VICTORIA — It’s still the dead of winter in much of Canada, but in Victoria daffodils and crocuses are about to begin sprouting, marking the unofficial signal to start another real estate season for anxious home buyers and sellers.
The Victoria Real Estate Board says a repeat of last year’s record-smashing property sales that saw constant bidding wars on southern Vancouver Island is not in the forecast for 2017. But prices are expected to continue rising amid a market of too few available homes.
Expectations that foreign buyers would flock to Victoria to avoid the 15-per-cent Metro Vancouver home tax has not happened, instead purchasers are arriving from other areas of the country, outgoing Victoria real estate board chief Mike Nugent said Monday.
“There’s certainly no evidence so far of showing a big shift of foreign buyers to Victoria,” he said. “As soon as it was implemented everybody phoned and said, ‘what are the numbers like? You must be getting an avalanche.”’
Government data shows there were 90 deals involving foreign buyers in Victoria between June 10 and Aug. 1, before the tax was implemented. In the latest numbers, Nov. 1 to Nov. 30, there were 39 property transfers involving foreign buyers.
The percentage of property transfers involving foreign buyers in Victoria went from 3.9 per cent in June to August, before the tax, to 4.6 per cent in November.
In the Vancouver area, there was a steep drop in real estate transactions after the tax took effect.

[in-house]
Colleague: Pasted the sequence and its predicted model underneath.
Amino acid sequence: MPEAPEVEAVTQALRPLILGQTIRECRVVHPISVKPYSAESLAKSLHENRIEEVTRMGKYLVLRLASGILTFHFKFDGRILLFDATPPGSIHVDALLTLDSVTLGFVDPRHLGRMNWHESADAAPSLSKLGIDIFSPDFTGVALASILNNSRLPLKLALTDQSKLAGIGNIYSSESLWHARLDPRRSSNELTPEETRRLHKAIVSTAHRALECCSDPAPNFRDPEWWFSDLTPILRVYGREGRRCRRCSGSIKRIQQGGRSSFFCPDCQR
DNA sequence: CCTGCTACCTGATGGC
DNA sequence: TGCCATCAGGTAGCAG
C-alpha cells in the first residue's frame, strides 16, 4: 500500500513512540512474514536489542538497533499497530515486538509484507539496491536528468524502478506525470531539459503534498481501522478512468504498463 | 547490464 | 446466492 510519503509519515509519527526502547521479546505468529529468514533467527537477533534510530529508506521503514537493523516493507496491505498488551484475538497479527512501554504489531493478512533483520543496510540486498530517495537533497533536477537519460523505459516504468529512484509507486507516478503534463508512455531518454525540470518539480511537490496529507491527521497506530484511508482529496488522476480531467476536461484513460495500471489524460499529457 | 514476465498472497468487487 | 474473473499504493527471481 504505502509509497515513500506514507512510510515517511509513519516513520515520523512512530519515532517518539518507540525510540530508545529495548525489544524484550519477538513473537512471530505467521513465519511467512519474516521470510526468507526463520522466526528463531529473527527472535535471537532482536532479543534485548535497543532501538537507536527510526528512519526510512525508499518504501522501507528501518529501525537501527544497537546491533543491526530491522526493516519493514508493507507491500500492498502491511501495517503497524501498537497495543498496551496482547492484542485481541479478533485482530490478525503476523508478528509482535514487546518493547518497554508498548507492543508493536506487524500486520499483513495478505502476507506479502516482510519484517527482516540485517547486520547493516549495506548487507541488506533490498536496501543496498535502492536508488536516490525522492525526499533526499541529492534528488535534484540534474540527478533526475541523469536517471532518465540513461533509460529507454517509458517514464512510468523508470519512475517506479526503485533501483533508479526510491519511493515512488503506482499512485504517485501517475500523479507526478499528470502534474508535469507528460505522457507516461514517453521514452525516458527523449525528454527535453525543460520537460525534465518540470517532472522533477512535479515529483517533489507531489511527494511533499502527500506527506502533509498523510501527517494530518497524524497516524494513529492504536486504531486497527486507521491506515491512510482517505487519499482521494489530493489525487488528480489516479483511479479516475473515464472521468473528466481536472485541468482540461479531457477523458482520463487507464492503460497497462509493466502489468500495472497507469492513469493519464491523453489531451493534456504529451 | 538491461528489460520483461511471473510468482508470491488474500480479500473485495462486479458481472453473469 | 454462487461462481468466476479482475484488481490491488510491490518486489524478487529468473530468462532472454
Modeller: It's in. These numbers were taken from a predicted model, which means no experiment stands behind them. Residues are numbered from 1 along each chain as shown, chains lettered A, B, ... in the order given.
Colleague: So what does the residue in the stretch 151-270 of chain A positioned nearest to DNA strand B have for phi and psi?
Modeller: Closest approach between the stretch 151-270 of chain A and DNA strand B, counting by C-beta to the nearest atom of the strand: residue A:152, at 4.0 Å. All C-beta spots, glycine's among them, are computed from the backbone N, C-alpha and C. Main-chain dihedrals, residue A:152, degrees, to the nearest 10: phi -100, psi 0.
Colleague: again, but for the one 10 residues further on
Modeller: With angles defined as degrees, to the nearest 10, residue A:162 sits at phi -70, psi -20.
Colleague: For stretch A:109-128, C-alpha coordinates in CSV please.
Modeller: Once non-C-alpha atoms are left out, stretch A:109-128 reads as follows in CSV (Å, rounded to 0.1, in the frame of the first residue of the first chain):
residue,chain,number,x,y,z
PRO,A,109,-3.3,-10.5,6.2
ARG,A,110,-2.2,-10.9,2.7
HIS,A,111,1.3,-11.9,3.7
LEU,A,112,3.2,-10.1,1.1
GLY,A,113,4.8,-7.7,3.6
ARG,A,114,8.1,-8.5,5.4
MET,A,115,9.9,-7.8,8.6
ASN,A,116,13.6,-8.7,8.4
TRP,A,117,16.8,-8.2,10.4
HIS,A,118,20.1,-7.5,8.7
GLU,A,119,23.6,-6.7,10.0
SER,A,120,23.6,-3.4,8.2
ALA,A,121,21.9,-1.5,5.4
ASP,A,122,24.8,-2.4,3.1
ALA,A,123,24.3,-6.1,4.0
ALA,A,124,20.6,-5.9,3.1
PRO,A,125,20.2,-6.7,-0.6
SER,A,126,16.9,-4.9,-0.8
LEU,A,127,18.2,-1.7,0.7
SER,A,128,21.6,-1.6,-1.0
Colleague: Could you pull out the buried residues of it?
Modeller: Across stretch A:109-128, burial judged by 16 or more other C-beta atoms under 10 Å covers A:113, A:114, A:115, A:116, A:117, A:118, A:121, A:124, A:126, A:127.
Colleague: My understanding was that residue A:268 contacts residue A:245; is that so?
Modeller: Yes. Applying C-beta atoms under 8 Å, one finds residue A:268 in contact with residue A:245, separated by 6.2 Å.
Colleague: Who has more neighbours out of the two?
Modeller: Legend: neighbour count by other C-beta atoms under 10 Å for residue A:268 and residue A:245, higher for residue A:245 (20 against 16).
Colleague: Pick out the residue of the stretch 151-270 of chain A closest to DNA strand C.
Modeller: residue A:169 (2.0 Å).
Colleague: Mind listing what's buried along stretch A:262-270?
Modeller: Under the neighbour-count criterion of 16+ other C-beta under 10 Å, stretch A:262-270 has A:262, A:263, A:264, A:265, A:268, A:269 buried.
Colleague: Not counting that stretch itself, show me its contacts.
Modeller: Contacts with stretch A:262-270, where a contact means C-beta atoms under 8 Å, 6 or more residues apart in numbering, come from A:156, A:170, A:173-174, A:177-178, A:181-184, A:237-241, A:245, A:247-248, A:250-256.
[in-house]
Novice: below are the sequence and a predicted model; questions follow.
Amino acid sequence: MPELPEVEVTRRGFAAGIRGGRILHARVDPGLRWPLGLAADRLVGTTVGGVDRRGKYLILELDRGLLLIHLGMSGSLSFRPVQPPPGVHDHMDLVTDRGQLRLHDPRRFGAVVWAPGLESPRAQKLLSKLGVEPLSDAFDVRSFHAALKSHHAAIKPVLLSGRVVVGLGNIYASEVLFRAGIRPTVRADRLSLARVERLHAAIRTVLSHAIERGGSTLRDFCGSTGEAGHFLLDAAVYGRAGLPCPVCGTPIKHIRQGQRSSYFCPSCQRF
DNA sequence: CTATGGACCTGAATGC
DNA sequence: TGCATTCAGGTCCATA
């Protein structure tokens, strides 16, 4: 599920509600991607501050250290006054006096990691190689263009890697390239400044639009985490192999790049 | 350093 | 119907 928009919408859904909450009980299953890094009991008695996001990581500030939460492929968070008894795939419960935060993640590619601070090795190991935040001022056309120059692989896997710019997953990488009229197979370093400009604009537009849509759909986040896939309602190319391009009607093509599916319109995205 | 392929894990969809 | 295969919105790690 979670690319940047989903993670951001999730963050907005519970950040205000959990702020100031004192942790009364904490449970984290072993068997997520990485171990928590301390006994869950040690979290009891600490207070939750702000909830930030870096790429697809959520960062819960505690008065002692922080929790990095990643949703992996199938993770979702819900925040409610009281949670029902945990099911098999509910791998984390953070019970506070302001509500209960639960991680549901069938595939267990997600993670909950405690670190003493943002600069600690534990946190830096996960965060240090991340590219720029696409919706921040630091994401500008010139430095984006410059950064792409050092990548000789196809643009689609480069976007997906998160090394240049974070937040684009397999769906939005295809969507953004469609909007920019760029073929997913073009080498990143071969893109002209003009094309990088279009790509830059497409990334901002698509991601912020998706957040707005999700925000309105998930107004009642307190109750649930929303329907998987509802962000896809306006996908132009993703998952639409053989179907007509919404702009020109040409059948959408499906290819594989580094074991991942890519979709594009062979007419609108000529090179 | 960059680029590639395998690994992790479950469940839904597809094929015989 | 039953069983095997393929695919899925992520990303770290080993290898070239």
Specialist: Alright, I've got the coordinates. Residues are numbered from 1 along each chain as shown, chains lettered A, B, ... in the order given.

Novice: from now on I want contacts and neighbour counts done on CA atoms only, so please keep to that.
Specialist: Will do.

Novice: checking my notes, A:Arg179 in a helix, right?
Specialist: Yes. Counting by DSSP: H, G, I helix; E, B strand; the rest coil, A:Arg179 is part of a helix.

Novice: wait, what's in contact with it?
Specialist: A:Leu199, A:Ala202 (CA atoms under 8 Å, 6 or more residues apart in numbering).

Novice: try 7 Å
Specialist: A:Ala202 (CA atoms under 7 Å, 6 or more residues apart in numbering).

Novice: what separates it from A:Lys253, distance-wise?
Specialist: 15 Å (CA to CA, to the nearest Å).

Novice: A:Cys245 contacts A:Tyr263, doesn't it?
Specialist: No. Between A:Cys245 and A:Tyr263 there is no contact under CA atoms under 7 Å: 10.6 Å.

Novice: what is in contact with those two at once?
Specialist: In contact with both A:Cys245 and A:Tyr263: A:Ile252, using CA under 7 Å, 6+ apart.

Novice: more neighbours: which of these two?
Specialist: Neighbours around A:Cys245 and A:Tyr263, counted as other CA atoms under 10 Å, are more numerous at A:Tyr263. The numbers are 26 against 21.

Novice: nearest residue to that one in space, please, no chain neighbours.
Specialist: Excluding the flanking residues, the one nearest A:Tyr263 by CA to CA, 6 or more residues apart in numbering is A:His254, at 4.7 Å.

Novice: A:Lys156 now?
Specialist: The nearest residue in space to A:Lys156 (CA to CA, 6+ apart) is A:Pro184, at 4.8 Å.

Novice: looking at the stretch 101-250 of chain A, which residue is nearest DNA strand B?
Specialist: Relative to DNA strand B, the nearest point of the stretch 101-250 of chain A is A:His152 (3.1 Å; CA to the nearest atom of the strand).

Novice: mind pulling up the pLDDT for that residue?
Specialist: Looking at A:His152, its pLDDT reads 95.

The data reveals the number of property transfers in Metro Vancouver went from a high of 1,974 just prior to the introduction of the foreign buyers tax to a low of 60 in the weeks after the tax. The number started to move upwards last November, hitting 204 property transfers involving foreign nationals.
The Real Estate Board of Greater Vancouver reported a roller-coaster year in 2016, with record sales in the spring, but ending the year with a 5.6-per-cent drop compared with 2015.
Nugent said while Vancouver has had dropping prices, in part due to the foreign buyers tax, Victoria real estate values are expected to continue slowly moving upwards.
“In Victoria, because we’ve got so few places available — all our projects are sold out — and because of the shortage of inventory even though sales will be less, we expect prices to continue to keep inching up,” said Nugent.
“There’s more buyer demand than we can supply right now.”
People are looking for a lifestyle change when they move to the Victoria area and it’s producing a migration from Metro Vancouver and from right across the country, he said.